Academic journal article Journal of Comparative Family Studies

The Lost Years: Assessing Family Change in St. Petersburg, Russia, between 1983 and 2003*

Academic journal article Journal of Comparative Family Studies

The Lost Years: Assessing Family Change in St. Petersburg, Russia, between 1983 and 2003*

Article excerpt

The transition from communism to capitalism following the breakup of the U.S.S.R. provides a unique opportunity to analyze the impact of radical social change upon 'the relationship.' Within this study, the city of St. Petersburg serves as a laboratory in which to see how this transformation affected perceptions of social relationships, specifically those within the family.

A concern about "the deteriorating effectiveness of the family as a source of moral and social guidance and values" (Hopper, 2003:36) motivates this investigation. The basic assumption behind such a worry is that the social relationship serves as the glue that binds individuals together, and is thus the mechanism through which social order is maintained. Family relationships are particularly important because of their role in imprinting, enforcing, and maintaining social norms.

With such concerns in mind, this article first reports on whether or not respondents in St. Petersburg, Russia, have perceived a change in the quality of their family relationships between 1983 and 2003. Second, the immediate causes of reported changes are explored through analyzing multiple regression results. Third, two family change perspectives, those of family stress and of individualization, are used to interpret the results. These three issues are dealt with through the lens of retrospective questionnaire data collected in St. Petersburg in the summer of 2003.

HISTORICAL OVERVEEW

The Family

In order to frame this analysis, it is necessary to first briefly introduce the historical context of the Soviet family before seeing how it may have changed after the fall of the U.S.S.R. On the one hand, the Soviet state was highly anti-social and espoused policies that were destructive for families. Shlapentokh (1991) describes how the Russian family in Stalinist times lived under three immense pressures. First, state ideology, not the family, was the chief determinant of social values, and these values both emphasized public life over private life and work over family. Second, the Soviet state before and through Stalin's reign existed in conditions of stark material poverty. According to Shlapentokh (1991), this poverty exacerbated the low-priority of family life because the poor living conditions within Soviet homes and communal apartments of that era provided little incentive to spend time with the family within them. The third and most direct pressure exacted by the Soviet state against the stability of families was that it pitted family members against one another in its mechanisms of repression. Stalinist intelligence services set children against parents, wives against husbands, and neighbors against each other by encouraging them to spy on one another. This sort of treachery, woven into every-day life by the state, in Shlapentokh's (1991) view, made family life tense. These pressures on the family were apparently great because people reportedly "devoted little time and energy to their families" (Shlapentokh, 1991:267). Another researcher, Malysheva (1992:10), has dubbed the Soviet person of this era "Homo Sovieticus," a human being "completely deprived of its social roots."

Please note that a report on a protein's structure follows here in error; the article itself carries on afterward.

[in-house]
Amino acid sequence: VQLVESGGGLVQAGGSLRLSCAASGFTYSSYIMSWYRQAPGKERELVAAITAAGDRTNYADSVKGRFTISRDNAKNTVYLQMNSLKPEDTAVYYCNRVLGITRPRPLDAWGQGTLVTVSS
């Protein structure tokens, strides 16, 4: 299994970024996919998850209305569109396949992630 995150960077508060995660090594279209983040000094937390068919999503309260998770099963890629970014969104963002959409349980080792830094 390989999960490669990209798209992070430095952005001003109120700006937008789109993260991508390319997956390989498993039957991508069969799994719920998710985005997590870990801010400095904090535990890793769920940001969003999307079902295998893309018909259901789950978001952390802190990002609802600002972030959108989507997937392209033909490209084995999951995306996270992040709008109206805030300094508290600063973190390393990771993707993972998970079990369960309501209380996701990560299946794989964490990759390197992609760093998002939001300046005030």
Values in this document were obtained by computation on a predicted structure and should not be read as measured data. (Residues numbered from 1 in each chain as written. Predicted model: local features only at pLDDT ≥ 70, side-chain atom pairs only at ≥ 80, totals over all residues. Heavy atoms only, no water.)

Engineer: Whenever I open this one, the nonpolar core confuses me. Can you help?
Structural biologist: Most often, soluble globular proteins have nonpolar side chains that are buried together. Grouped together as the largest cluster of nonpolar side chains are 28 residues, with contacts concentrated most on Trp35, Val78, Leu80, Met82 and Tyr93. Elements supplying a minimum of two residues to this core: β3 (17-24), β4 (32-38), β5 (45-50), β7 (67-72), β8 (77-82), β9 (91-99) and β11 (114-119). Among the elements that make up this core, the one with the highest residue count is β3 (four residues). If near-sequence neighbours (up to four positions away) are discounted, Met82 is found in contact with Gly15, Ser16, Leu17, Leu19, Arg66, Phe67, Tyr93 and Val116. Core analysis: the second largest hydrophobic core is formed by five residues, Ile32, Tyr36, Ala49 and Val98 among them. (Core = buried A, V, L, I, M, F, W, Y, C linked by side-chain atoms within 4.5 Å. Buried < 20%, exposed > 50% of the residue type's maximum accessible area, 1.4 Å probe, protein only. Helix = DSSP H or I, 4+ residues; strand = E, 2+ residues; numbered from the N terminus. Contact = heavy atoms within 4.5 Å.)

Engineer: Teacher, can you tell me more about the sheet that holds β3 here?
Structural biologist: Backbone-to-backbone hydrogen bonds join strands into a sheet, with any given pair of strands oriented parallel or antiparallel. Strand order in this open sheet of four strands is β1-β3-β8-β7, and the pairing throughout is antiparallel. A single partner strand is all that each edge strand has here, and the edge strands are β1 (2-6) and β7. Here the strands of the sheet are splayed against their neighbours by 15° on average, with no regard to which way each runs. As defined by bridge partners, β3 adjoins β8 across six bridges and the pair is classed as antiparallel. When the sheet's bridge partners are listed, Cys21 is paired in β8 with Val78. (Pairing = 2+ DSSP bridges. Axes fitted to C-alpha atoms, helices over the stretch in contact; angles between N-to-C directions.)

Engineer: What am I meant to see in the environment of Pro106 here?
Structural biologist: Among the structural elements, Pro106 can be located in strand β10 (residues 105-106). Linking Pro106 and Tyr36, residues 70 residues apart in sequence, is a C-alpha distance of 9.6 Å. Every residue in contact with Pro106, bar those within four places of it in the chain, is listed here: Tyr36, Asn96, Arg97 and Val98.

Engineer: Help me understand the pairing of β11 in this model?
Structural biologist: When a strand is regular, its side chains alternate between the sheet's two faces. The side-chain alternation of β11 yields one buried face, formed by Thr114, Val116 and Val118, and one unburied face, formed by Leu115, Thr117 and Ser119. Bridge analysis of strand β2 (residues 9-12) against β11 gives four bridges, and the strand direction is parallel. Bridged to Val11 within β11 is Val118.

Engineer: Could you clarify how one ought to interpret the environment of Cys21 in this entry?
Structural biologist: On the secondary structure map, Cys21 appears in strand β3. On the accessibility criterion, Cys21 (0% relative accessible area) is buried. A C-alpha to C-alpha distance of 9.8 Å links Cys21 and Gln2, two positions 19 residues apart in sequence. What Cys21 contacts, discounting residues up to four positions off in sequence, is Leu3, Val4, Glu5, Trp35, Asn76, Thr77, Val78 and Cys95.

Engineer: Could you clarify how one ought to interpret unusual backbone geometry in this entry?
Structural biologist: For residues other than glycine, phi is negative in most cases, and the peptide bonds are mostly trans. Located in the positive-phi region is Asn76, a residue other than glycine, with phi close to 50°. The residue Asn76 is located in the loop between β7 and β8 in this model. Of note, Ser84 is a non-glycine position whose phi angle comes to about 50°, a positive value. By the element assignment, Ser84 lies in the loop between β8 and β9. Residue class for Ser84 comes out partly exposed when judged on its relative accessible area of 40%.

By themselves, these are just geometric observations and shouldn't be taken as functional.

On the other hand, the Soviet family became a sanctuary from the state, a place where state ideology could not intrude. Under the strain of the above pressures, family members relied more upon one another. As Shlapentokh (1991:267) puts it, "when faced with the Stalinist leviathan, the Soviet people turned to their families for protection against the horrors of everyday life." Similarly, Malysheva (1992:3) called family "the only place of expression and resistance in a spiritual vacuum." Furthermore, the pressures that affected Russian families especially in Stalin's time weakened considerably at the latter end of Soviet rule, to the benefit of the family. The ideological collapse entailing the failure of communist ideals and the declining authority of the state, the improvement in living conditions, and the decline of repression allowed family life to "re-emerge" (Shlapentokh, 1991:269). …

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